Nigel Kent responds to John McCullough’s prompt to write a poem using stationery as a metaphor. For a chance to be featured, send poems inspired by one of the prompts on the podcast here.
We are the pencil boys not the posh propelling ones but the shitty bookie’s kind you find on our estate.
We never bring pens to lessons yet our teachers don’t lend us theirs: they think ink’s too permanent and pencil’s easily rubbed out.
Pushcart Prize nominated poet, Nigel Kent, has been shortlisted for several national competitions and his poetry has appeared in a wide range of anthologies and magazines. In 2019 Hedgehog Poetry Press published his first collection, ‘Saudade’, following the success of his poetry conversations with Sarah Thomson, ‘Thinking You Home’ and ‘A Hostile Environment’. In August of this year Hedgehog Poetry Press published his pamphlet, ‘Psychopathogen’. Website: www.nigelkentpoet.wordpress.com Twitter @kent_nj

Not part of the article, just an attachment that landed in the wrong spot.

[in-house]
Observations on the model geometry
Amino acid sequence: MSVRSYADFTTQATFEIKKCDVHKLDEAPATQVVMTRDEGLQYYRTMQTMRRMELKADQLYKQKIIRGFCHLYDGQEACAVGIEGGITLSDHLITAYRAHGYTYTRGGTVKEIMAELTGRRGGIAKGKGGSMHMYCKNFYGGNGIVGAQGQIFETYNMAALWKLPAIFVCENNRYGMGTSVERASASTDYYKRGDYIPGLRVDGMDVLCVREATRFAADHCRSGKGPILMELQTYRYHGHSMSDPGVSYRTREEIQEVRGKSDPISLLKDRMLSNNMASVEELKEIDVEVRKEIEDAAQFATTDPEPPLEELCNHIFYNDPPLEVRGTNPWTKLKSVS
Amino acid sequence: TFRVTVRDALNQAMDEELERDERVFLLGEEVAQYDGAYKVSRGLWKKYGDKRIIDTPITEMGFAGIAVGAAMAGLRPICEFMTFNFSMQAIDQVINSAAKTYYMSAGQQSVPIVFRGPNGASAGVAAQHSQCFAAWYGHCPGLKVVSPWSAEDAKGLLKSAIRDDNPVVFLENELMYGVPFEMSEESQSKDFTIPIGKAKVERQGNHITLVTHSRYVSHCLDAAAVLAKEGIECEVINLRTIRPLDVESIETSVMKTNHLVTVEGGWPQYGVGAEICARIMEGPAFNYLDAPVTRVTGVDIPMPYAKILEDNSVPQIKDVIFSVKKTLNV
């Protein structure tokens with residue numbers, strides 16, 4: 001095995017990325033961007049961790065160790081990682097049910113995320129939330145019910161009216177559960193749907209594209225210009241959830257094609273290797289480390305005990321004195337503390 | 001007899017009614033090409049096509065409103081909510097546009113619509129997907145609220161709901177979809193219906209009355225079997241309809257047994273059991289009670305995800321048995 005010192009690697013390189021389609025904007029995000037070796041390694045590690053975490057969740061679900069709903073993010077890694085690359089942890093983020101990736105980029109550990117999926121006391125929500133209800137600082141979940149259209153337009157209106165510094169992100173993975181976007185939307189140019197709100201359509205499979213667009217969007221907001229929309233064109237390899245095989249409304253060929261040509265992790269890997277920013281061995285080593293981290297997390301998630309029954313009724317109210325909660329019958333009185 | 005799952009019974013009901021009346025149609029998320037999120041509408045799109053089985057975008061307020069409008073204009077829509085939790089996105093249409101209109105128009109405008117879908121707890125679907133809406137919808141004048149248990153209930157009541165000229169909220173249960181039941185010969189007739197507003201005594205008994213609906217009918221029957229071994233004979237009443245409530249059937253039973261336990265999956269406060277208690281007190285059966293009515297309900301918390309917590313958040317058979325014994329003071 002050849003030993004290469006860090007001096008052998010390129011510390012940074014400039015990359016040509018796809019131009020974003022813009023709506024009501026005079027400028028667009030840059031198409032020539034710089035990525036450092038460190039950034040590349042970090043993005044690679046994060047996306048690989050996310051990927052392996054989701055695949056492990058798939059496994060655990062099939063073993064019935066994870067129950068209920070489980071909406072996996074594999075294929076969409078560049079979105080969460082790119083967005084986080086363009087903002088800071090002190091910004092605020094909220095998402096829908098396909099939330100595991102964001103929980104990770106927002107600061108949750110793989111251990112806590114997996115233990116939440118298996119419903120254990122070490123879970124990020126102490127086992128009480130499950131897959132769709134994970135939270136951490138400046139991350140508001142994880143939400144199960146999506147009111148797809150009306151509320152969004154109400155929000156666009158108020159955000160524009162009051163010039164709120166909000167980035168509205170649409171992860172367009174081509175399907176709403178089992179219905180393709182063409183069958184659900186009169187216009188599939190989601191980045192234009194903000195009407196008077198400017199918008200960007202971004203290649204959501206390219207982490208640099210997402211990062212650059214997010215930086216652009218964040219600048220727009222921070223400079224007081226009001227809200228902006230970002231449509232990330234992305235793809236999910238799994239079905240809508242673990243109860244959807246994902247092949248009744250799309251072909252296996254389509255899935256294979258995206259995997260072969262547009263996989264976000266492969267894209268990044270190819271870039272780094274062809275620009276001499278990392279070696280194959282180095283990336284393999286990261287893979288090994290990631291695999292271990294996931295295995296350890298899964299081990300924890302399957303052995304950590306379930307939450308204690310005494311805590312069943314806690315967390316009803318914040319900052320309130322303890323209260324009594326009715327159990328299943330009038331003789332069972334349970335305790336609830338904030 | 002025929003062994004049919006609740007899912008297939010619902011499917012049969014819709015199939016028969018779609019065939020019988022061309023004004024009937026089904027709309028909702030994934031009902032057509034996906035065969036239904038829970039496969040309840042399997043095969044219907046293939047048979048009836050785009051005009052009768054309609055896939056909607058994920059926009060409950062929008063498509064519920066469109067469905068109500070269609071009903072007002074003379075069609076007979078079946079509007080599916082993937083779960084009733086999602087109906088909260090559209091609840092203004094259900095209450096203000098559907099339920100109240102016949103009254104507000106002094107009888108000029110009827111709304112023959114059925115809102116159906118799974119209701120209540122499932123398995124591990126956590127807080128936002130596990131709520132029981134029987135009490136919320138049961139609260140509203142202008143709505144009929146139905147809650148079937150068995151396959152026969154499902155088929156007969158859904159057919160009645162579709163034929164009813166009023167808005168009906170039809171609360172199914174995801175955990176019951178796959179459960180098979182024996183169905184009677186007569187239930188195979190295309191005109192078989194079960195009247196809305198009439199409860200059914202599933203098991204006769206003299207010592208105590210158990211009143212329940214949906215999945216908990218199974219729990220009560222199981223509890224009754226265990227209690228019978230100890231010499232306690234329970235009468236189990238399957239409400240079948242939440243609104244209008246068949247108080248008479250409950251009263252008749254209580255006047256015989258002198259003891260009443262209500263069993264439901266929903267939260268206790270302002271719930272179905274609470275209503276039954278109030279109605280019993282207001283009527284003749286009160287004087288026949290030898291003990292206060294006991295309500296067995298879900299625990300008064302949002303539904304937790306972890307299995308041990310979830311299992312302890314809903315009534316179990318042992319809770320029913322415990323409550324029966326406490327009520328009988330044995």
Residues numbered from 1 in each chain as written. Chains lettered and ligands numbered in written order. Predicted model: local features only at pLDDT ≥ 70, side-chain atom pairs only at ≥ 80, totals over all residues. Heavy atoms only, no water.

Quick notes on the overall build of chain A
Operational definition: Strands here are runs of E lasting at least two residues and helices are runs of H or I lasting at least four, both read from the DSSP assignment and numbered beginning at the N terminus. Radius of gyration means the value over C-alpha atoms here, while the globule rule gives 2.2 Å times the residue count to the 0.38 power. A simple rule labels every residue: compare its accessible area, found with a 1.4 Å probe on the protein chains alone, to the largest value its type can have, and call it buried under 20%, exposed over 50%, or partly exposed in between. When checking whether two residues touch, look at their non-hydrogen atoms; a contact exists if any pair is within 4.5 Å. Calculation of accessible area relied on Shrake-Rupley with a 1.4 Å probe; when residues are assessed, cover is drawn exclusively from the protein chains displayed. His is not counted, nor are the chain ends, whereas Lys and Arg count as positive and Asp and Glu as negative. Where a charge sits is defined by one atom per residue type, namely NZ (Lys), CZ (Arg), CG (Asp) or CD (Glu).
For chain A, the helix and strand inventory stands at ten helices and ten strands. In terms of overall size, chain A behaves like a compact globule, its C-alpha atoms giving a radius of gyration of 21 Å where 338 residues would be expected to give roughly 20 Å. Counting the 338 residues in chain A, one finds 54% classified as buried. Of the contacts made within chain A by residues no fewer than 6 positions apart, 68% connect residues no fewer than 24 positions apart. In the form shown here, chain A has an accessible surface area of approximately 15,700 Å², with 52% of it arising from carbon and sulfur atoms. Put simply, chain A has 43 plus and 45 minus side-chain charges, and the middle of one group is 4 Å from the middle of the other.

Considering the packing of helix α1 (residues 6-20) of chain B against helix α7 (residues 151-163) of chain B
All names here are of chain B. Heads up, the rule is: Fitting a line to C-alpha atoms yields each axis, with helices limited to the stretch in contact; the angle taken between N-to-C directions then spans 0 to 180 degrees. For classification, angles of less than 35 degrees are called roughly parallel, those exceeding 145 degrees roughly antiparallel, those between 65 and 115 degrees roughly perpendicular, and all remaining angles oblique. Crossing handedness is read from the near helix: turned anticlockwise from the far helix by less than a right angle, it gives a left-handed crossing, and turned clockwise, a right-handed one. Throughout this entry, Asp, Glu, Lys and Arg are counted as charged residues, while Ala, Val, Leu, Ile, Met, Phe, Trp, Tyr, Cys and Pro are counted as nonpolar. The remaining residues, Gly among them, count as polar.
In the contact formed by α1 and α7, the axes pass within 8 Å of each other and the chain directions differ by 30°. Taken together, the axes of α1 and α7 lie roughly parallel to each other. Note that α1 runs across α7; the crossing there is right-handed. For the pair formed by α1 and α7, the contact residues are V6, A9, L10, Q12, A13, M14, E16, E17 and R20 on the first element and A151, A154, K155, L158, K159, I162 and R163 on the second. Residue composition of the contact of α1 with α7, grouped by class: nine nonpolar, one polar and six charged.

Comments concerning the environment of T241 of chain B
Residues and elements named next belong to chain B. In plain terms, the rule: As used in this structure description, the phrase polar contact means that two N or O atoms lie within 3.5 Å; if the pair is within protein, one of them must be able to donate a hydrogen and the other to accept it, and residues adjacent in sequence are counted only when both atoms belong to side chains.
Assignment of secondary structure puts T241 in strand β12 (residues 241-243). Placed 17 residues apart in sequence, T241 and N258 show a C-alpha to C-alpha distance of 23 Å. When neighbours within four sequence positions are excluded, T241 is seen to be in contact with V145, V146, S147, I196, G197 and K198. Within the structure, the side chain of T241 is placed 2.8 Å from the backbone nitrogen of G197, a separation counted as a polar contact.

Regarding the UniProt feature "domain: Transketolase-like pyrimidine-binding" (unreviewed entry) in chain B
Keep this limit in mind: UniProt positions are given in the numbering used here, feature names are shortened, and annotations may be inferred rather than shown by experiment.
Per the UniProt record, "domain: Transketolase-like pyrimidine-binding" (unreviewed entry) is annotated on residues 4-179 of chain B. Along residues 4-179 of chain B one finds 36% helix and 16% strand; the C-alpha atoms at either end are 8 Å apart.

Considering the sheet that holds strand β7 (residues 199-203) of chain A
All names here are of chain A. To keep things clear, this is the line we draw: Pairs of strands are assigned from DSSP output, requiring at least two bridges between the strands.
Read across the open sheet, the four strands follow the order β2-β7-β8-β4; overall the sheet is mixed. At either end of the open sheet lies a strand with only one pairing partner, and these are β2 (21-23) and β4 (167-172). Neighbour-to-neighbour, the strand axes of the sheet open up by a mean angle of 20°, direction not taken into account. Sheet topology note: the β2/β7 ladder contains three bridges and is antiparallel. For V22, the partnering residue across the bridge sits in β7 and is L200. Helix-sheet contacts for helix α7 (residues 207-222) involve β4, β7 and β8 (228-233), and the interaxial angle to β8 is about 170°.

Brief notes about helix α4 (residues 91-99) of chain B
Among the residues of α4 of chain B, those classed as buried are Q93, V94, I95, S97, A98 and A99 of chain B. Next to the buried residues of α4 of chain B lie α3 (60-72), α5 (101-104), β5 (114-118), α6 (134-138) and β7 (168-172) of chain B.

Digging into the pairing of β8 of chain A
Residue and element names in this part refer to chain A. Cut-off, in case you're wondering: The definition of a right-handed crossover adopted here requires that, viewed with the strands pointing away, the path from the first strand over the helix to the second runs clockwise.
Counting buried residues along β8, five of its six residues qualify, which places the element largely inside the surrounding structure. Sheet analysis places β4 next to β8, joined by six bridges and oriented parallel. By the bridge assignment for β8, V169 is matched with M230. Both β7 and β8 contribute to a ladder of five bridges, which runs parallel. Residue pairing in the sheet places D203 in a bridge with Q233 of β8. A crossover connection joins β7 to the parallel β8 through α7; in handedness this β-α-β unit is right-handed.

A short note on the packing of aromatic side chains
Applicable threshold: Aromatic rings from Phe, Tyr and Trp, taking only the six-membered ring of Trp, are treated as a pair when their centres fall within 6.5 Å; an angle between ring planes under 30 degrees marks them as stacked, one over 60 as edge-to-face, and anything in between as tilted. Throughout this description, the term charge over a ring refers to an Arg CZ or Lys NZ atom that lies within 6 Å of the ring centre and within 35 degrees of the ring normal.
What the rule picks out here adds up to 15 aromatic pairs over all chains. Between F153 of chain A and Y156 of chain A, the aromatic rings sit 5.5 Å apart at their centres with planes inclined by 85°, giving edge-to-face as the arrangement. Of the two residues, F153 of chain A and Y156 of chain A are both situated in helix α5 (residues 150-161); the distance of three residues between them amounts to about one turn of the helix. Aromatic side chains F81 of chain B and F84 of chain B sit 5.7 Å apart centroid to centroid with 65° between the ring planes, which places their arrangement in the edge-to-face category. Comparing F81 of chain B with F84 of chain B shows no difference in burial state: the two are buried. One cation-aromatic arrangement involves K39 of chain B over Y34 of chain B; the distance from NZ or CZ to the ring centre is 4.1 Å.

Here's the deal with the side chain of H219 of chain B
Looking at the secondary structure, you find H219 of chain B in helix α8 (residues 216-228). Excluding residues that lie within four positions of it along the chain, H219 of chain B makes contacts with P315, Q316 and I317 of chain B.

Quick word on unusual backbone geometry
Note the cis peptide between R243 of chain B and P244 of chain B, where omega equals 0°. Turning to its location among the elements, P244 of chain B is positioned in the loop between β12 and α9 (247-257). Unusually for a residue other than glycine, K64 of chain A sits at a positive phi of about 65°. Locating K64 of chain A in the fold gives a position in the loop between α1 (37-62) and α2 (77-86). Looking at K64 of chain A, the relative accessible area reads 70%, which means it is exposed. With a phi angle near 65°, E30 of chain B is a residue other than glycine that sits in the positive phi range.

Jonathan Davidson is the next guest on the podcast sharing poems from his latest book, A Common Place. It is a collection of Jonathan’s poetry and much more. There is a commentary, a selection of influential poems by other poets, a gazetteer with all the places mentioned in the book and footnotes – a lot of footnotes!
You can find out why Jonathan chose to publish in this unusual format on the podcast as well as hearing a few poems. He will also be offering valuable advice and inspiration from a writing career of more than 30 years.
I walked with my invisible father out into the fields on the edge of town. But they are gone now: new roads, new names, new people.
Dad, stay here for a while, I said, and I’ll go and find out what has happened to our lives. He sat on the newly installed bench.
And when I returned, furnished with stories of change, I found him utterly dead, his cold eyes on the cold world closed. So
many years he had lived here and then this: his roads re-named, his fields built over, his people now coming into view as strangers.
By Jonathan Davidson, from A Commonplace (Smith|Doorstop, 2020)